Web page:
Do I think it could sell over here? Perhaps, after all there are a number of other similarly sized cars on the market. Price would be a potential issue, I suppose if they built it in Mexico it could become competitive, it is already currently built in seven different plants worldwide.
There actually is a Polo sedan sold in Mexico that is produced in India of all places, but other plants are located in Spain and South Africa among others. My understanding is that last year total sales of the various Polo lines was well over 700,000 worldwide.
However I don’t think the 1.0 liter engine would work for the power-hungry American market. Iceland’s highest national speed limit is about 55mph (which many people exceed) but imagining myself driving to Denver on I-25 with an 80mph average flow would make me nervous. Then again, back in 1998 I rented an Opel Corsa 3-cylinder in Belgium and for a week drove that all over Germany’s Autobahns at top speed (again, 100mph) and generally just required a bit more planning and situational awareness if one wanted to pass.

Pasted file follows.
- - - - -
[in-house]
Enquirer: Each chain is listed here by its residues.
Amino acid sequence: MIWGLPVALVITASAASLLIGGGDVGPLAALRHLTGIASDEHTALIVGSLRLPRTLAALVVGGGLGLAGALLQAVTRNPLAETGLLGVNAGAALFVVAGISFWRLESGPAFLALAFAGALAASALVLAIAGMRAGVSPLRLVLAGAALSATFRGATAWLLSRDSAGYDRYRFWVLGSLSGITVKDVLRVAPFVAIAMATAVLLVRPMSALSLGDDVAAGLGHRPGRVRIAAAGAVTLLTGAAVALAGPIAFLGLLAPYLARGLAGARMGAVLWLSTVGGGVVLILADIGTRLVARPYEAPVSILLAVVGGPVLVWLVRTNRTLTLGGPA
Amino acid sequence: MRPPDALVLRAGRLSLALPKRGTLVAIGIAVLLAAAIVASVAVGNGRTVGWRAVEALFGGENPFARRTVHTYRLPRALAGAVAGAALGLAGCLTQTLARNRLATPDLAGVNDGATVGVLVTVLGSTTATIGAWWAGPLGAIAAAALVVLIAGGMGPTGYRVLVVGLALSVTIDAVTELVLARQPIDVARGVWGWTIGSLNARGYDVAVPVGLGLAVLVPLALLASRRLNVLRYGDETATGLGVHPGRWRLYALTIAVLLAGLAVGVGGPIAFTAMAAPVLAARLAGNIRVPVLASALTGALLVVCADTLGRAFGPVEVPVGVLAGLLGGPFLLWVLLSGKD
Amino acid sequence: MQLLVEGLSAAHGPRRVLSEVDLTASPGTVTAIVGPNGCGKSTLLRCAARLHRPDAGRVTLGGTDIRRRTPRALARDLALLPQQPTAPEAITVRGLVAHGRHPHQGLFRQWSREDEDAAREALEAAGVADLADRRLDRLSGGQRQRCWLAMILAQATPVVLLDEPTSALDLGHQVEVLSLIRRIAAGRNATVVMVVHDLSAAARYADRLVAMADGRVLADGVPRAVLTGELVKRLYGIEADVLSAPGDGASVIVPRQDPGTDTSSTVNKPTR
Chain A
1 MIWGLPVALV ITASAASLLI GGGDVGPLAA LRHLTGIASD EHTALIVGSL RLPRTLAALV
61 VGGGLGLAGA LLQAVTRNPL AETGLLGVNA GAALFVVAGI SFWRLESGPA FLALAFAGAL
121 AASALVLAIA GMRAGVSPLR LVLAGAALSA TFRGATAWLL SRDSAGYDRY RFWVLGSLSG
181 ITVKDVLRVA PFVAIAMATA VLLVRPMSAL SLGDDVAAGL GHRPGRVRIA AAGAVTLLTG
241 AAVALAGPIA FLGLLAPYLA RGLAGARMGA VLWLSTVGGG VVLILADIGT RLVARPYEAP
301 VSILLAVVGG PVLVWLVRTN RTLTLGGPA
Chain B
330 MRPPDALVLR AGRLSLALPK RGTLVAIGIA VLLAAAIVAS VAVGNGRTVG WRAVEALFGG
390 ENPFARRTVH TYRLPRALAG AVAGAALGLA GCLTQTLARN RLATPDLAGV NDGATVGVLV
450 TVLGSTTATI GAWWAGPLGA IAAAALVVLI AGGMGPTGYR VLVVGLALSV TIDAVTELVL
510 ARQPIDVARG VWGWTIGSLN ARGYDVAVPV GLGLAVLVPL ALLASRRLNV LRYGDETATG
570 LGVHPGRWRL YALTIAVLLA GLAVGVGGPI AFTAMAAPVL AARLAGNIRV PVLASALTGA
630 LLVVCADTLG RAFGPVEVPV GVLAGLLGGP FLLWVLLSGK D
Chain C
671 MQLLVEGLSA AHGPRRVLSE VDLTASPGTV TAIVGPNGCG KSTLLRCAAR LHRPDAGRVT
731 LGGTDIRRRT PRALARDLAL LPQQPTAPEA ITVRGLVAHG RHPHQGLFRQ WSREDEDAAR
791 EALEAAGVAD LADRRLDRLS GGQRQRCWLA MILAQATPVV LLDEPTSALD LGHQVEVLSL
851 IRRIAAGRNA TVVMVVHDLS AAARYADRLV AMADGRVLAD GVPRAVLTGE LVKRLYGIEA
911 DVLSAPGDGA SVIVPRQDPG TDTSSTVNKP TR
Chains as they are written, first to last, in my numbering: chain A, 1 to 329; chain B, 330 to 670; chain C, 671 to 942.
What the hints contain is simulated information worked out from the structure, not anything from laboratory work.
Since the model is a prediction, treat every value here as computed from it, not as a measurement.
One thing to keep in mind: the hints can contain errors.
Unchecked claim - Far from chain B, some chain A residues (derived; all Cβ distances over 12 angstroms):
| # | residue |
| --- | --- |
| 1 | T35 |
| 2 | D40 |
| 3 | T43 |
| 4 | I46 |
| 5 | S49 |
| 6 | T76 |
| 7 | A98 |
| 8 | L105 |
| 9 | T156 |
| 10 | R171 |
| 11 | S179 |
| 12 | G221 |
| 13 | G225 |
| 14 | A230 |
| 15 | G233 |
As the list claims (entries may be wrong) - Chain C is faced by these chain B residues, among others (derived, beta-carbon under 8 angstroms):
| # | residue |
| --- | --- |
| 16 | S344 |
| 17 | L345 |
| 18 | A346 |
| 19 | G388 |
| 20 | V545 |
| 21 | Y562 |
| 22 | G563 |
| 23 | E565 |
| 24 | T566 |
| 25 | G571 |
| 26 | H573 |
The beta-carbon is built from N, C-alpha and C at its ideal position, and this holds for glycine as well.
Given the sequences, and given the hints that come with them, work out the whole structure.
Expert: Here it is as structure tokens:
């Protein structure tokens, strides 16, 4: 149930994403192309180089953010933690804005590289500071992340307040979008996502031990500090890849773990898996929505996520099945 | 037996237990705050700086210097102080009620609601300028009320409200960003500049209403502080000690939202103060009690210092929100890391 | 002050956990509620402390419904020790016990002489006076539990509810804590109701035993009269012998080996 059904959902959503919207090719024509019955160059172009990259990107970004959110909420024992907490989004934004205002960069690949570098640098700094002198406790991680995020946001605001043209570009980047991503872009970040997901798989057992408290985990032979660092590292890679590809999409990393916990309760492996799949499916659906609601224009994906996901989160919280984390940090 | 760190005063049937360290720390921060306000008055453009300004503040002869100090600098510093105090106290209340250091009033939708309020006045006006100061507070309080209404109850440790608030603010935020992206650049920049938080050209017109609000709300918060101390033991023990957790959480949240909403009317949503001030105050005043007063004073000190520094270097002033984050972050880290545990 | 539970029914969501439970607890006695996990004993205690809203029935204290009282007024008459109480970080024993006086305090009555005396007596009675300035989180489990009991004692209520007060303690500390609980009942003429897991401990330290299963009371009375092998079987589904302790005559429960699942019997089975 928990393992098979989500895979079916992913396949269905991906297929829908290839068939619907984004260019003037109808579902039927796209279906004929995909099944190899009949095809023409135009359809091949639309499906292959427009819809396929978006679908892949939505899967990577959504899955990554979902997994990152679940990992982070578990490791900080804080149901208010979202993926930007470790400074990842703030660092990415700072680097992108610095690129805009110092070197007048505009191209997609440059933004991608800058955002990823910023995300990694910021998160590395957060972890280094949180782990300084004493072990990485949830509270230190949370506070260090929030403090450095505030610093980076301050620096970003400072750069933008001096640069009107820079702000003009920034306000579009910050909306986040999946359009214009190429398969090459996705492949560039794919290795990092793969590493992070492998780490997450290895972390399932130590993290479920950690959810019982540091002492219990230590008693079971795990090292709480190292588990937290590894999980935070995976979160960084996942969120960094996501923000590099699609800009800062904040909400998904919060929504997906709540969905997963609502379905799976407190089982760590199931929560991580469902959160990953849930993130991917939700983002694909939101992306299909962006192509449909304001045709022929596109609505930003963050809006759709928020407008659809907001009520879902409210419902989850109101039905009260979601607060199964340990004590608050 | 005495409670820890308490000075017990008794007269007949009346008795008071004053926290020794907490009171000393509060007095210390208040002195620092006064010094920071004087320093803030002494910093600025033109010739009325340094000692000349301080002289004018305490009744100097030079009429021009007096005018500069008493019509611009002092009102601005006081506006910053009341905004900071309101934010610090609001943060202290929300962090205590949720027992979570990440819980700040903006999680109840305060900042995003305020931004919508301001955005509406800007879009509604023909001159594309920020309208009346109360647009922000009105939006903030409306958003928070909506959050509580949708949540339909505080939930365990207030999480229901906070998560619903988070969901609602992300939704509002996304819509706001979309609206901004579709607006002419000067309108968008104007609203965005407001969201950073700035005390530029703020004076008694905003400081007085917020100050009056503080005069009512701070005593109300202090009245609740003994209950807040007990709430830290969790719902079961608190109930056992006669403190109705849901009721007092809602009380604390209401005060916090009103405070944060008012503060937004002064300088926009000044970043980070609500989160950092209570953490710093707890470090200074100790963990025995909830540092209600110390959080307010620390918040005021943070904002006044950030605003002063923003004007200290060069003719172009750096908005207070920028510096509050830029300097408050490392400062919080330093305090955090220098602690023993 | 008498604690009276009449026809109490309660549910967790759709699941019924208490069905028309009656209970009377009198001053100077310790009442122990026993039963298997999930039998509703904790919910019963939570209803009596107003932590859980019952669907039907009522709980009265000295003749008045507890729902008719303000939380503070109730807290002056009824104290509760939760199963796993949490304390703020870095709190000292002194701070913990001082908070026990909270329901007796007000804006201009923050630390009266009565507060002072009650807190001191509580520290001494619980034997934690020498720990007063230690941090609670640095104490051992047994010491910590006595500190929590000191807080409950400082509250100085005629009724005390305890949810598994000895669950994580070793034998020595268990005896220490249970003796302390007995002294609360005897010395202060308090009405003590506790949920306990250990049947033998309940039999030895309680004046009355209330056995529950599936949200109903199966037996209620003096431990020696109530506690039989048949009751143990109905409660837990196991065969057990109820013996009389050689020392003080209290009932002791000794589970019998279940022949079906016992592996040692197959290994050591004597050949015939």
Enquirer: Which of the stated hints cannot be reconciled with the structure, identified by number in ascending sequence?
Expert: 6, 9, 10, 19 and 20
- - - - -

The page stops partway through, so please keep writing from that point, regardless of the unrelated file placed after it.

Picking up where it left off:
As a primarily in-city car it’s fine as is, but otherwise likely would need one of the larger and/or turbocharged optional engines to have a realistic chance of success over here. Still, there are models such as the Polo GTI and the CrossPolo (picture a Polo Outback) that could have a following, with price being a large factor, of course.
Pretty much any of the existing VW 4-cylinder turbo engines would fit (and most are already used in various other markets) so a perceived lack of power would not necessarily be an issue at all.
We enjoyed the Polo, it got us around reliably, safely, and very efficiently. Our total cost of $146 for a five day rental was a bargain for Iceland and not terrible for other places either. We’d happily rent one again and encourage anyone else traveling outside of North America to try one as well – as long as you have no more than two people and their luggage and perhaps a small lumbar pillow.